Plus, Amazon’s massive reach and covetable base of high-income Prime members presents an undeniably attractive opportunity for brands struggling to survive this year’s choppy waters and find their footing in rapidly shifting sands. The company closed out 2019 with more than 112 million members in the U.S. alone, where the fee for access to perks like speedy shipping and video content reaches $119 annually, Consumer Intelligence Research Partners reported earlier this year. Nearly one-quarter of Prime members claim annual earning power of $100,000, versus just 9 percent of non-members in the same income bracket, according to Jungle Scout, which helps brands grow their businesses on the Amazon marketplace.
Still, Oscar de la Renta CEO Alex Bolen seemed to acknowledge the urgency of fully embracing digital, pointing to Amazon’s “relentless focus on improving the customer experience through constant innovation, utilizing technology and customer feedback” as the impetus for bringing the brand’s gowns and more to the e-commerce platform. “We admire Amazon’s customer-centric focus and look forward to telling our brand’s story in compelling and engaging ways to even more customers through the Luxury Stores experience,” he added.
The launch comes in a busy year for Amazon and its ambitions to grab a larger slice of the fashion pie. In May, the digital dominator partnered with the Council of Fashion Designers of America and Vogue to throw reeling independent brands like Hunting Season, Tanya Taylor and Adam Lippes a lifeline with the launch of Common Threads: Vogue x Amazon Fashion, despite research showing that most apparel consumers purchase generic “unbranded” garments on the platform.
And Amazon has grown its influencer-led fashion drops into a formidable force. Leveraging social media personalities with faithful flocks of followers, Amazon’s The Drop taps into influencers’ style savvy to create fashion capsules typically offered for sale for just 30 hours before being manufacturing according to demand. Amazon’s July drop with fashion blogger Caralyn Mirand marked the influencer initiative’s foray into size inclusivity, with styles serving a range of women in sizes XXS-3X. Meanwhile, last month Reebok became the first footwear brand to take advantage of The Drop, showing shoppers how to style a curated cohort of sneakers for daytime or going-out looks. The latest drop arrived Tuesday morning, offering polished, Parisian style from @sabthefrenchway, who commands an audience of more than 50,000 on Instagram.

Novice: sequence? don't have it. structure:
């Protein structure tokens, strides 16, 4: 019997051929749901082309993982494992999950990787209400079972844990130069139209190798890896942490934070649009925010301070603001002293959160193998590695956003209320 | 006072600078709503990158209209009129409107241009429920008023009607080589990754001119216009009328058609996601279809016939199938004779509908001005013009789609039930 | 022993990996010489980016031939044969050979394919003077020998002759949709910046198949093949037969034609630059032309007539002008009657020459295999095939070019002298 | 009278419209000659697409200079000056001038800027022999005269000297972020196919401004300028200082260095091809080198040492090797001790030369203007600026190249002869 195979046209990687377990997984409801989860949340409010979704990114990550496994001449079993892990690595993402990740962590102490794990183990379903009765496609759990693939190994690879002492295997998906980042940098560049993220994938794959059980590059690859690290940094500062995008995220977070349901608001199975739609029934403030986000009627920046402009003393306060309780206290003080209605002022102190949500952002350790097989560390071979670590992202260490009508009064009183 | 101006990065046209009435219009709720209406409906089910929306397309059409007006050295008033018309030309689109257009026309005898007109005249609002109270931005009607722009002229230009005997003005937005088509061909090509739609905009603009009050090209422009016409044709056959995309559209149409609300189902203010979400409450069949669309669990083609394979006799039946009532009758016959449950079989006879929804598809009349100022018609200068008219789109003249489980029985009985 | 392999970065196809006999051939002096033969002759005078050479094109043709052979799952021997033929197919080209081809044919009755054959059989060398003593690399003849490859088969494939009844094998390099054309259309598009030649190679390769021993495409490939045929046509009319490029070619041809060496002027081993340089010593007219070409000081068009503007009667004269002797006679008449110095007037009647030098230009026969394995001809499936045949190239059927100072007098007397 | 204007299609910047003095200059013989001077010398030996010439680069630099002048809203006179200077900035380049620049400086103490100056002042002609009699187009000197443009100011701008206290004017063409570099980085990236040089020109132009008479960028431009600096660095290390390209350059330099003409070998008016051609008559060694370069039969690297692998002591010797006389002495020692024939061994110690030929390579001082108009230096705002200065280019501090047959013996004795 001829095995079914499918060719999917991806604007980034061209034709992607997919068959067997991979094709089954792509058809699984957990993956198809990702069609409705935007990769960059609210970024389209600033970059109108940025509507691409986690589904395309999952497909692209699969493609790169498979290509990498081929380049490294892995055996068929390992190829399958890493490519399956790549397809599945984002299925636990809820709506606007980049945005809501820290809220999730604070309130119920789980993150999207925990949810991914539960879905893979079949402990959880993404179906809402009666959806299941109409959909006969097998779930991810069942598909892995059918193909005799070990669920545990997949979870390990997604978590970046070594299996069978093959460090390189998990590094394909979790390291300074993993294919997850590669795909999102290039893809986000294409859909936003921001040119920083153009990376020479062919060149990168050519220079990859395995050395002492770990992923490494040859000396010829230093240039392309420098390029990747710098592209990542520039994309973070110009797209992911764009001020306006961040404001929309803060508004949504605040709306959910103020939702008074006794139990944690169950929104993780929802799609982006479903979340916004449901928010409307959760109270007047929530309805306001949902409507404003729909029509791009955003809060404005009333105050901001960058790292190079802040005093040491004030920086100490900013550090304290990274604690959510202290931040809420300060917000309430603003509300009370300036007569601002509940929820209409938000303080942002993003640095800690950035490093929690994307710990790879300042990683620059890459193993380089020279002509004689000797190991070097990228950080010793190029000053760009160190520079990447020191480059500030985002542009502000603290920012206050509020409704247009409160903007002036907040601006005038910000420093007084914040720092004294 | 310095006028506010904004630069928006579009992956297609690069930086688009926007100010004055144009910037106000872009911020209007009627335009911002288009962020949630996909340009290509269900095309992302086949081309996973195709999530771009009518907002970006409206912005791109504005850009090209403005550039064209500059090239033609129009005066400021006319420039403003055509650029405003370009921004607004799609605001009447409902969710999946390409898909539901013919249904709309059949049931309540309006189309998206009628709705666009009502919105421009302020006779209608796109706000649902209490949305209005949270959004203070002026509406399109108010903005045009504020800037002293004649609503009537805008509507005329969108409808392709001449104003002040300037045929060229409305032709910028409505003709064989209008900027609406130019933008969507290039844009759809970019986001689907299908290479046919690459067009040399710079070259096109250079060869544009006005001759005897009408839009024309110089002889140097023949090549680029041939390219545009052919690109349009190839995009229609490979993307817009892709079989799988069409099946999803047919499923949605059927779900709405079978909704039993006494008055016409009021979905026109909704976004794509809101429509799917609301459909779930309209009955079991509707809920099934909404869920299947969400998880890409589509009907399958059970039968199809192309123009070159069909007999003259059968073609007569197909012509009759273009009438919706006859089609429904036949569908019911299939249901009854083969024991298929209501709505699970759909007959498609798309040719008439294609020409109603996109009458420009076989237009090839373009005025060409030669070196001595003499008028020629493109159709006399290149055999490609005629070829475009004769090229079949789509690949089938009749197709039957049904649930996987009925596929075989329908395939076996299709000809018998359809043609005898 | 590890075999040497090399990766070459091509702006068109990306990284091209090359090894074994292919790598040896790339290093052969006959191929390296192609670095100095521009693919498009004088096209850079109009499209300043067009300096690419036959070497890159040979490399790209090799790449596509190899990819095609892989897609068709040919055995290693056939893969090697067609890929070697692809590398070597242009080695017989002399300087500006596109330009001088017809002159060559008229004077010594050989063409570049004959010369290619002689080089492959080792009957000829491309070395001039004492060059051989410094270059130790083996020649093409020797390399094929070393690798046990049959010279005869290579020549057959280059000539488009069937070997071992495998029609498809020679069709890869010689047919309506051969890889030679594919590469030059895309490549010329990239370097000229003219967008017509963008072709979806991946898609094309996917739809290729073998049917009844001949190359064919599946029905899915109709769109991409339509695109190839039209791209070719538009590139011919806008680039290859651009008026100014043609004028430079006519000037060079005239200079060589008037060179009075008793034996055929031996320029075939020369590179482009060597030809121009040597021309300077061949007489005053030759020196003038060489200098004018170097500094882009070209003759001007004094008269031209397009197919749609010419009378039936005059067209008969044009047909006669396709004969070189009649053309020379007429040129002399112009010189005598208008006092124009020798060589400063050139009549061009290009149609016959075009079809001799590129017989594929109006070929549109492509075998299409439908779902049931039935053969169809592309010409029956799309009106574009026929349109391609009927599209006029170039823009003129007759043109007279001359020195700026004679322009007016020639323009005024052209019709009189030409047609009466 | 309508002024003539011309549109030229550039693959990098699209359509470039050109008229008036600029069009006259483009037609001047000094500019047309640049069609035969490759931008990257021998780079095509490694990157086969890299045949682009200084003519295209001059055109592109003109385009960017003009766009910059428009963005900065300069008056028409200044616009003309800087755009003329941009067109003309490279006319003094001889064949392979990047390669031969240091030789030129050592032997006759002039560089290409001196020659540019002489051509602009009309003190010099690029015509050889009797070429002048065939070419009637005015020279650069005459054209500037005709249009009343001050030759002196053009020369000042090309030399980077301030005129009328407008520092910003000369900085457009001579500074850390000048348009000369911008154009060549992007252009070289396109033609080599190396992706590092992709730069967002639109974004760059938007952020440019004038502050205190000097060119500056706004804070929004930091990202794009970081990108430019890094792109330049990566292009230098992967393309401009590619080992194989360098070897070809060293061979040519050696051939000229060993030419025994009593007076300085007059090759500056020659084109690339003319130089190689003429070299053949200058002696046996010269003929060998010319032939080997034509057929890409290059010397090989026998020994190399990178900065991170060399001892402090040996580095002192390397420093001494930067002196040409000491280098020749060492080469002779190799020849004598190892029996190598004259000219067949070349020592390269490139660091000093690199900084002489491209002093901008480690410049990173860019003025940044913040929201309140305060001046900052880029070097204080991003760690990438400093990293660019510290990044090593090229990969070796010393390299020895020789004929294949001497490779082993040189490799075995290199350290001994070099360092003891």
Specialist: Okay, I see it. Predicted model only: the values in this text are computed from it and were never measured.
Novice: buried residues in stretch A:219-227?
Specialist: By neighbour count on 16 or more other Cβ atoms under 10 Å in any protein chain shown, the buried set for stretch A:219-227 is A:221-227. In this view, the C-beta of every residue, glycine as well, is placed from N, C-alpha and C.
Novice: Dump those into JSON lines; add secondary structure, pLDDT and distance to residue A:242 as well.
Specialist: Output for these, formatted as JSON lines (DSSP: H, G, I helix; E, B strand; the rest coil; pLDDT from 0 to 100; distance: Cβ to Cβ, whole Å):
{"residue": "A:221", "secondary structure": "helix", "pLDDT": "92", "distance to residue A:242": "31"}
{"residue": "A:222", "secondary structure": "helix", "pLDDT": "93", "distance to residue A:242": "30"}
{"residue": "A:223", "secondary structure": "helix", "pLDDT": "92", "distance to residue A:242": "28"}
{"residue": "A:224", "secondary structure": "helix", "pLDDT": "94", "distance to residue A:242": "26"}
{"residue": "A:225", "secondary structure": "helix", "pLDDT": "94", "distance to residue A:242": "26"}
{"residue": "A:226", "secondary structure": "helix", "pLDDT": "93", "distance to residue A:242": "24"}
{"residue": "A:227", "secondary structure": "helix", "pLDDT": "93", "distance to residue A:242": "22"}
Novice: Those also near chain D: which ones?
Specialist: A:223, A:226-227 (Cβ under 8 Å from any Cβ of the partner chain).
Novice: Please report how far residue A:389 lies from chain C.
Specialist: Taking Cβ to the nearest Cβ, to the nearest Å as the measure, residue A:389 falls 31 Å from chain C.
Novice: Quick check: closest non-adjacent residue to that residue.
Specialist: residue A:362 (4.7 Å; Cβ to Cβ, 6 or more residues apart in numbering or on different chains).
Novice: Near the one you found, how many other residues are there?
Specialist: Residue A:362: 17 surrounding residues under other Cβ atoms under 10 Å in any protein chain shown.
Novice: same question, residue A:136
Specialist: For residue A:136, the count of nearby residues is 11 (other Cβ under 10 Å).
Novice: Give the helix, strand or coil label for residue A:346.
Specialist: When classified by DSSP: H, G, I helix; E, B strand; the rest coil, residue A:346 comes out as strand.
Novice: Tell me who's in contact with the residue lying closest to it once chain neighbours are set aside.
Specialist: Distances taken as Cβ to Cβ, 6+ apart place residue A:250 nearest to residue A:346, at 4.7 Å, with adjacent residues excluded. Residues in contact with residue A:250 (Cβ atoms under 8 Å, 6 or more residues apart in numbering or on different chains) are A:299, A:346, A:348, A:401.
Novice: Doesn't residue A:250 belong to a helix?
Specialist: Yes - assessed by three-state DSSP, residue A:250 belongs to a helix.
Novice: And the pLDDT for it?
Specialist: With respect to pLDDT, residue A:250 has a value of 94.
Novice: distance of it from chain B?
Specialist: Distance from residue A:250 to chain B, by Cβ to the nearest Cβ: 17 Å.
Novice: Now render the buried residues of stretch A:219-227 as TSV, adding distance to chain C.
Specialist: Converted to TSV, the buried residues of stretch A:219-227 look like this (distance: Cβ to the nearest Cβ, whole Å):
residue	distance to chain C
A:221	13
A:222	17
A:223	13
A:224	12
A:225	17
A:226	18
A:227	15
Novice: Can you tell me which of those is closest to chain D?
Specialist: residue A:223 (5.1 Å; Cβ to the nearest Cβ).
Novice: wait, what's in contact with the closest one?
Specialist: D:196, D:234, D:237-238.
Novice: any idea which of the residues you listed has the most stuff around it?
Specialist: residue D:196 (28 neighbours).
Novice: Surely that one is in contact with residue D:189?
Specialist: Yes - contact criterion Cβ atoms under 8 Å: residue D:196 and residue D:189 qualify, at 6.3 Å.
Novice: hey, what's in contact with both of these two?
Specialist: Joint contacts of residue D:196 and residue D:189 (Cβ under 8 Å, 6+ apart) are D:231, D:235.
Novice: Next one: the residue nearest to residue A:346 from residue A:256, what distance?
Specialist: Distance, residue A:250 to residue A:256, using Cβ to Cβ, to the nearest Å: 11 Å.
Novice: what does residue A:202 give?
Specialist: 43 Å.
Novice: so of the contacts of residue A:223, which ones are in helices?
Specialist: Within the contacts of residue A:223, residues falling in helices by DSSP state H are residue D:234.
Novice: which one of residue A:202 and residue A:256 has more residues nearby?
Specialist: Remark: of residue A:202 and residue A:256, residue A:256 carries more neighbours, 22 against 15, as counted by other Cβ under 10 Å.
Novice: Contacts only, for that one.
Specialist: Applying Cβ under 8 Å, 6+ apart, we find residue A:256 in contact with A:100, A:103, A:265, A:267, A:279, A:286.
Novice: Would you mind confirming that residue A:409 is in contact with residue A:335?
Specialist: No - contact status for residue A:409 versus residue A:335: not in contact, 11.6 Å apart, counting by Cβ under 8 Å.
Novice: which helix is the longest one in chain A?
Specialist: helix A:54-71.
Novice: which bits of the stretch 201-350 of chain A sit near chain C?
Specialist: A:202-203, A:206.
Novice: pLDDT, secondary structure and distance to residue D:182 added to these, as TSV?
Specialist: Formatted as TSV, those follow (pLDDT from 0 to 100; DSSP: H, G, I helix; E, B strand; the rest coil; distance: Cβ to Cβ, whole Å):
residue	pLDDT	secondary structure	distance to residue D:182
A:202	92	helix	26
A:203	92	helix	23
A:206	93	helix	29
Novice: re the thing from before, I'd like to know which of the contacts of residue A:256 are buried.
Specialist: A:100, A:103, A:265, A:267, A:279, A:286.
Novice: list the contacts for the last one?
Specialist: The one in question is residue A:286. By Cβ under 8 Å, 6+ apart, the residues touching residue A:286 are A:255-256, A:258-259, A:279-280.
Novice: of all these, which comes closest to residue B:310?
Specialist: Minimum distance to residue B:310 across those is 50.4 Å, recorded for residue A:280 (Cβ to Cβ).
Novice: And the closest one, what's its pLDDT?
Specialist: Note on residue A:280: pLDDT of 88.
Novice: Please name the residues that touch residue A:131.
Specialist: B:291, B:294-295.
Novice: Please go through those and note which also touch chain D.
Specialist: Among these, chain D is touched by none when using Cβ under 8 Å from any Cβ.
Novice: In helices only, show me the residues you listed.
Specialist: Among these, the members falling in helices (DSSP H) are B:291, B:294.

Despite the sustainable aspect of cutting and sewing only when customers place an order, which largely eliminates carrying a glut of excess inventory, The Drop occasionally finds itself with leftover product on its hands. Last week, Amazon alerted shoppers to the opportunity to rediscover some of The Drop’s previously launched limited-time styles, most of which were items that customers had returned or were the byproduct of the manufacturing system, Amazon said. Eco-friendly fabrications like Tencel are showing up in The Drop, too, with Amazon noting its commitment to helping customers “choose high-quality sustainable products.”
“As we work to lower the environmental impact on our Amazon-owned Private Brand apparel products, we are also continuing to explore more ways to keep the planet in mind with The Drop’s releases,” a spokesperson said.